Page images

surprized at the great Number of Cups, faid, " He "should have thought it more suitable to the Life of "Students, if they had used rather Glass, or Ear-. "then-ware, than Silver." The College answered, '* They were ready to make him a Present of all "their Plate, provided he would undertake to supply "them with all the Glass, and Earthen-ware, they "should have a Demand for; since it was very "likely he would find the Expence, from constant "breaking exceed the Value of Silver."

The Streets in this City are very handsome and clean; but that which is named from theGold smiths who inhabit it, surpasses all the rest: There is in it a gilt Tower, with a Fountain that plays. Near it on the farther Side is a handsome House, built by a Goldsmith, and presented by him to the City. There are besides to be seen in this Street, as in all others where there are Goldsmiths Shops, all Sorts of Gold and Silver Vessels exposed to fale; as well as ancient and modern Medals, in such Quantites as must fur* prize a Man the first Time he fees and considers them.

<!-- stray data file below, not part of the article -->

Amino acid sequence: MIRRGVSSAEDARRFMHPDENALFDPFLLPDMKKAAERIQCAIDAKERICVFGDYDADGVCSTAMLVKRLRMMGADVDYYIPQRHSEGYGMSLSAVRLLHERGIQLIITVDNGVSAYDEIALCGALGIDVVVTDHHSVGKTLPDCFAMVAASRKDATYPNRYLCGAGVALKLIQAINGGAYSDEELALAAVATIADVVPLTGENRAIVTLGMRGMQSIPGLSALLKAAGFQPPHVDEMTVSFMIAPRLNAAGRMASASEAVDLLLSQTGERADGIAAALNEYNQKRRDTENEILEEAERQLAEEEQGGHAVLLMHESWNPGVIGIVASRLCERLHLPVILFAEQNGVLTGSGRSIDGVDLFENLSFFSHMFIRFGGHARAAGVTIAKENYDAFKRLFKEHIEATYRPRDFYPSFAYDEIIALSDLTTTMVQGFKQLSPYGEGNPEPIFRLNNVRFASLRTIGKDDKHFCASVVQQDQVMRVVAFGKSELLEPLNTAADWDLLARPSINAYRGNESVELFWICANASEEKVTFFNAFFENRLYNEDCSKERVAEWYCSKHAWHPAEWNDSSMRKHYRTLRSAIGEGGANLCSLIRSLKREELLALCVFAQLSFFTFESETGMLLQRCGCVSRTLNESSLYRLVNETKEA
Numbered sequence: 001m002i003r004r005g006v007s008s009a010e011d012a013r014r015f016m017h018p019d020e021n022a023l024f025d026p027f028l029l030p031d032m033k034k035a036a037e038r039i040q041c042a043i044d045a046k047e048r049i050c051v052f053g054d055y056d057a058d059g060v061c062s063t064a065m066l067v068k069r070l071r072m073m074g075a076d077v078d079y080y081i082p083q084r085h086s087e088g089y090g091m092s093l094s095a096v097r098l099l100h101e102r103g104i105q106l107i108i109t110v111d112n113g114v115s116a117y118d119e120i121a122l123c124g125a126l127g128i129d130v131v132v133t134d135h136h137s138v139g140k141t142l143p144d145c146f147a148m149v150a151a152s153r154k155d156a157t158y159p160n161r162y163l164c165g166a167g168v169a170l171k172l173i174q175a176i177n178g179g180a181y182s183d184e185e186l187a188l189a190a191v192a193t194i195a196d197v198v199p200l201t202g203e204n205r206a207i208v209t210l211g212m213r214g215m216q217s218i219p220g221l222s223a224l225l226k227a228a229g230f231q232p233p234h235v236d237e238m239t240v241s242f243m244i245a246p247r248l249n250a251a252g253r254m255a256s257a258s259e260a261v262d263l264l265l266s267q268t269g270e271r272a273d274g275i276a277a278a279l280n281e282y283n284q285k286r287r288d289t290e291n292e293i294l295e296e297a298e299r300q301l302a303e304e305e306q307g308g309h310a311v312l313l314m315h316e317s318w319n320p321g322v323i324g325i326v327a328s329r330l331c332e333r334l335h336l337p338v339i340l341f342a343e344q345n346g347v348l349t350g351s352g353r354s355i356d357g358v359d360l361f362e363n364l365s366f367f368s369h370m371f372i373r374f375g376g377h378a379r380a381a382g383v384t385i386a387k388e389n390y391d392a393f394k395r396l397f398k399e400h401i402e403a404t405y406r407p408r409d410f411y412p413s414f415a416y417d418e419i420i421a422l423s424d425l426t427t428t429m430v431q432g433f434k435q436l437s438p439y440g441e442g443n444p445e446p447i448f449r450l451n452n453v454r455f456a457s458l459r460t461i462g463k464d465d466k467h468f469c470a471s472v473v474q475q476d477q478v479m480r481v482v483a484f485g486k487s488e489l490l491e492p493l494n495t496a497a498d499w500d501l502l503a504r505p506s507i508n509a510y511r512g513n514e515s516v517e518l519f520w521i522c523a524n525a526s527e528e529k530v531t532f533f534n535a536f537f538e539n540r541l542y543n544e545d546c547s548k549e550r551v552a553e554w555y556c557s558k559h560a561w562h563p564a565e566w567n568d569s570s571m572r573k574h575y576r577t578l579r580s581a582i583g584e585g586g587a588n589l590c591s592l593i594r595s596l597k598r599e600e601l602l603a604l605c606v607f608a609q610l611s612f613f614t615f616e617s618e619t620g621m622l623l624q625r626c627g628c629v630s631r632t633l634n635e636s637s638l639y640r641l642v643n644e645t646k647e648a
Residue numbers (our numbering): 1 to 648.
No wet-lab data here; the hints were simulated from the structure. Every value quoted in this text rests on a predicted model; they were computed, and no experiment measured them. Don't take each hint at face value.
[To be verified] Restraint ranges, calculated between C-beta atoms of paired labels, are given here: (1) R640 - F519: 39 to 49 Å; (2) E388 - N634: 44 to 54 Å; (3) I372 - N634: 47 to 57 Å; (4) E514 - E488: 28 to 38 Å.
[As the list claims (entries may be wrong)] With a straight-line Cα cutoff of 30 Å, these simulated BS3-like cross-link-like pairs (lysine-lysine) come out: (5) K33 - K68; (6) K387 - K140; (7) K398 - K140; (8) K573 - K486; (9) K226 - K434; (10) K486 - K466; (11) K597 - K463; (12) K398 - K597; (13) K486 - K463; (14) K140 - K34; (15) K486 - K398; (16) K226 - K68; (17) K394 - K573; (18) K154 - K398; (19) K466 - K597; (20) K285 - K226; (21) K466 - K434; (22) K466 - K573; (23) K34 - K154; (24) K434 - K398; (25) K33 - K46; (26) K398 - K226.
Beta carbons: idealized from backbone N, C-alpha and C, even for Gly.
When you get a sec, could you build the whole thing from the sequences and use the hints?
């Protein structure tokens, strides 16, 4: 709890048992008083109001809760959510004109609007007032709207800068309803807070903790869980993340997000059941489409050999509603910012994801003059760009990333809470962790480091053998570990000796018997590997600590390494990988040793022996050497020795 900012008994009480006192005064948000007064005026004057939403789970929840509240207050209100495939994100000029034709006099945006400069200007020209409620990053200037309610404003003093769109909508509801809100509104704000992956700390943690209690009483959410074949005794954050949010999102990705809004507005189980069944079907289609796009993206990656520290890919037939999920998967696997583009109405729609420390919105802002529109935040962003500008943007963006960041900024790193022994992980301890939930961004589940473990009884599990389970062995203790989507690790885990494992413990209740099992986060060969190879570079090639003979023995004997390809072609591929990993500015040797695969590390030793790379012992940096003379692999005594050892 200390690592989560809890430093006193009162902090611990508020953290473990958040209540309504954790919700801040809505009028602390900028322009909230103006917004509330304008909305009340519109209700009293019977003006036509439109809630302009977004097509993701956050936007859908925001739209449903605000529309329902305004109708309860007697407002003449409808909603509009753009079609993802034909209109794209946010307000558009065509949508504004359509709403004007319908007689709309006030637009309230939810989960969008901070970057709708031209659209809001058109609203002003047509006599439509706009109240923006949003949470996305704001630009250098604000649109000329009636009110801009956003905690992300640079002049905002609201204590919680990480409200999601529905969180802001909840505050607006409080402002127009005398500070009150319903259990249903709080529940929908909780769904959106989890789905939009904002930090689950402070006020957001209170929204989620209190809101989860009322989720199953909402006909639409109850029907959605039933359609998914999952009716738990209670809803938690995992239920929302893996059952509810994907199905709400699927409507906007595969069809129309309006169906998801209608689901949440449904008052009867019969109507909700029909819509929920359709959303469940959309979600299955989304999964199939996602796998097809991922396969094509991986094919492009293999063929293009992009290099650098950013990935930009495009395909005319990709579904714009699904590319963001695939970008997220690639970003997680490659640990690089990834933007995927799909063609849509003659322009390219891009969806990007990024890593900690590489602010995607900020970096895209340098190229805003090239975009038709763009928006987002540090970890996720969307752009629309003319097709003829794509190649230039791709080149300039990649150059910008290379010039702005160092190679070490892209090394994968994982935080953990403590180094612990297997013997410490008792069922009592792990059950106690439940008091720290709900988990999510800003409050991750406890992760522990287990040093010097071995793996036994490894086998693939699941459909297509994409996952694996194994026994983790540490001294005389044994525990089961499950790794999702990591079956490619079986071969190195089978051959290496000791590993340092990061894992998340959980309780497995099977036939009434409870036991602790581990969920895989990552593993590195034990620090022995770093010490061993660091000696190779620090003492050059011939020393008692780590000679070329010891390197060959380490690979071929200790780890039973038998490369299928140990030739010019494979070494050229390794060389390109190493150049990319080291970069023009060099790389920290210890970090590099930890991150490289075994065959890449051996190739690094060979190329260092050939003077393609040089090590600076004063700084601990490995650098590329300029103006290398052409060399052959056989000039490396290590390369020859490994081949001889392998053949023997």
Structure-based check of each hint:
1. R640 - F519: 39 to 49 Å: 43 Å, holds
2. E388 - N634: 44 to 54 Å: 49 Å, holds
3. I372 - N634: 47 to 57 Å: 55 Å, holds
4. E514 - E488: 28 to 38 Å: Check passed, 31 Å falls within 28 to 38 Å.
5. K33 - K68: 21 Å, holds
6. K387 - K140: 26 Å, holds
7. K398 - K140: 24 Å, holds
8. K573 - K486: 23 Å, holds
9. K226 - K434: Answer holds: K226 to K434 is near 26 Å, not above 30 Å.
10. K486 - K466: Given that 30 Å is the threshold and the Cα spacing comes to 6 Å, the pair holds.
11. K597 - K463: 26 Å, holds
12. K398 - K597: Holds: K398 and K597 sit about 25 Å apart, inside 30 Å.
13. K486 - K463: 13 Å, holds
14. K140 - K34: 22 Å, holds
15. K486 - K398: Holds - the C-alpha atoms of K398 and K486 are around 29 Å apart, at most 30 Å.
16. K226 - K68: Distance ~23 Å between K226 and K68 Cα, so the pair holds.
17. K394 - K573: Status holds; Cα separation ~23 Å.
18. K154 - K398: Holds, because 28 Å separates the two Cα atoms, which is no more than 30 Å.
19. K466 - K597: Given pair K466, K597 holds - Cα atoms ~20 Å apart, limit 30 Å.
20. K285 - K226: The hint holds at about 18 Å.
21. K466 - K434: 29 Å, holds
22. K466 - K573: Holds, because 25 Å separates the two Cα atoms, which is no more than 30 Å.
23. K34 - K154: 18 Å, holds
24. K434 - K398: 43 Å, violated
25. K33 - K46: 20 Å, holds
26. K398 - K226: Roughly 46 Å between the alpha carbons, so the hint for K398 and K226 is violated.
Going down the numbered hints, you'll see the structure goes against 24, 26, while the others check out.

Fitz- Stephens, a Writer of Englijh History, reckoned in his Time in Lomdon, 127 Parish Churches, a/id 13 belonging to Convents: He mentions besides, that upon a Review there of Men able to bear Arms, the People brought into the Field under their Colours, 40,000 Foot, and 20,000 Horse. Vide, Cambden's Britan. Aliddlesex.

The best Ojsttri are sold here in great Quantites.


Every body knows that Englijh Cloth is much approved of, for the Goodness of the Materials, and imported into all the Kingdoms and Provinces in Europe.

We were shewn, at the House of Leonard Smith, a Taylor, a most perfect Looking-glass, ornamented with Gold, Pearl, Silver and Velvet, so richly as. to be estimated at five hundred ecus du soleil. We faw at the fame Place the Hippocamp and Eagle Stone, both very curious and rare.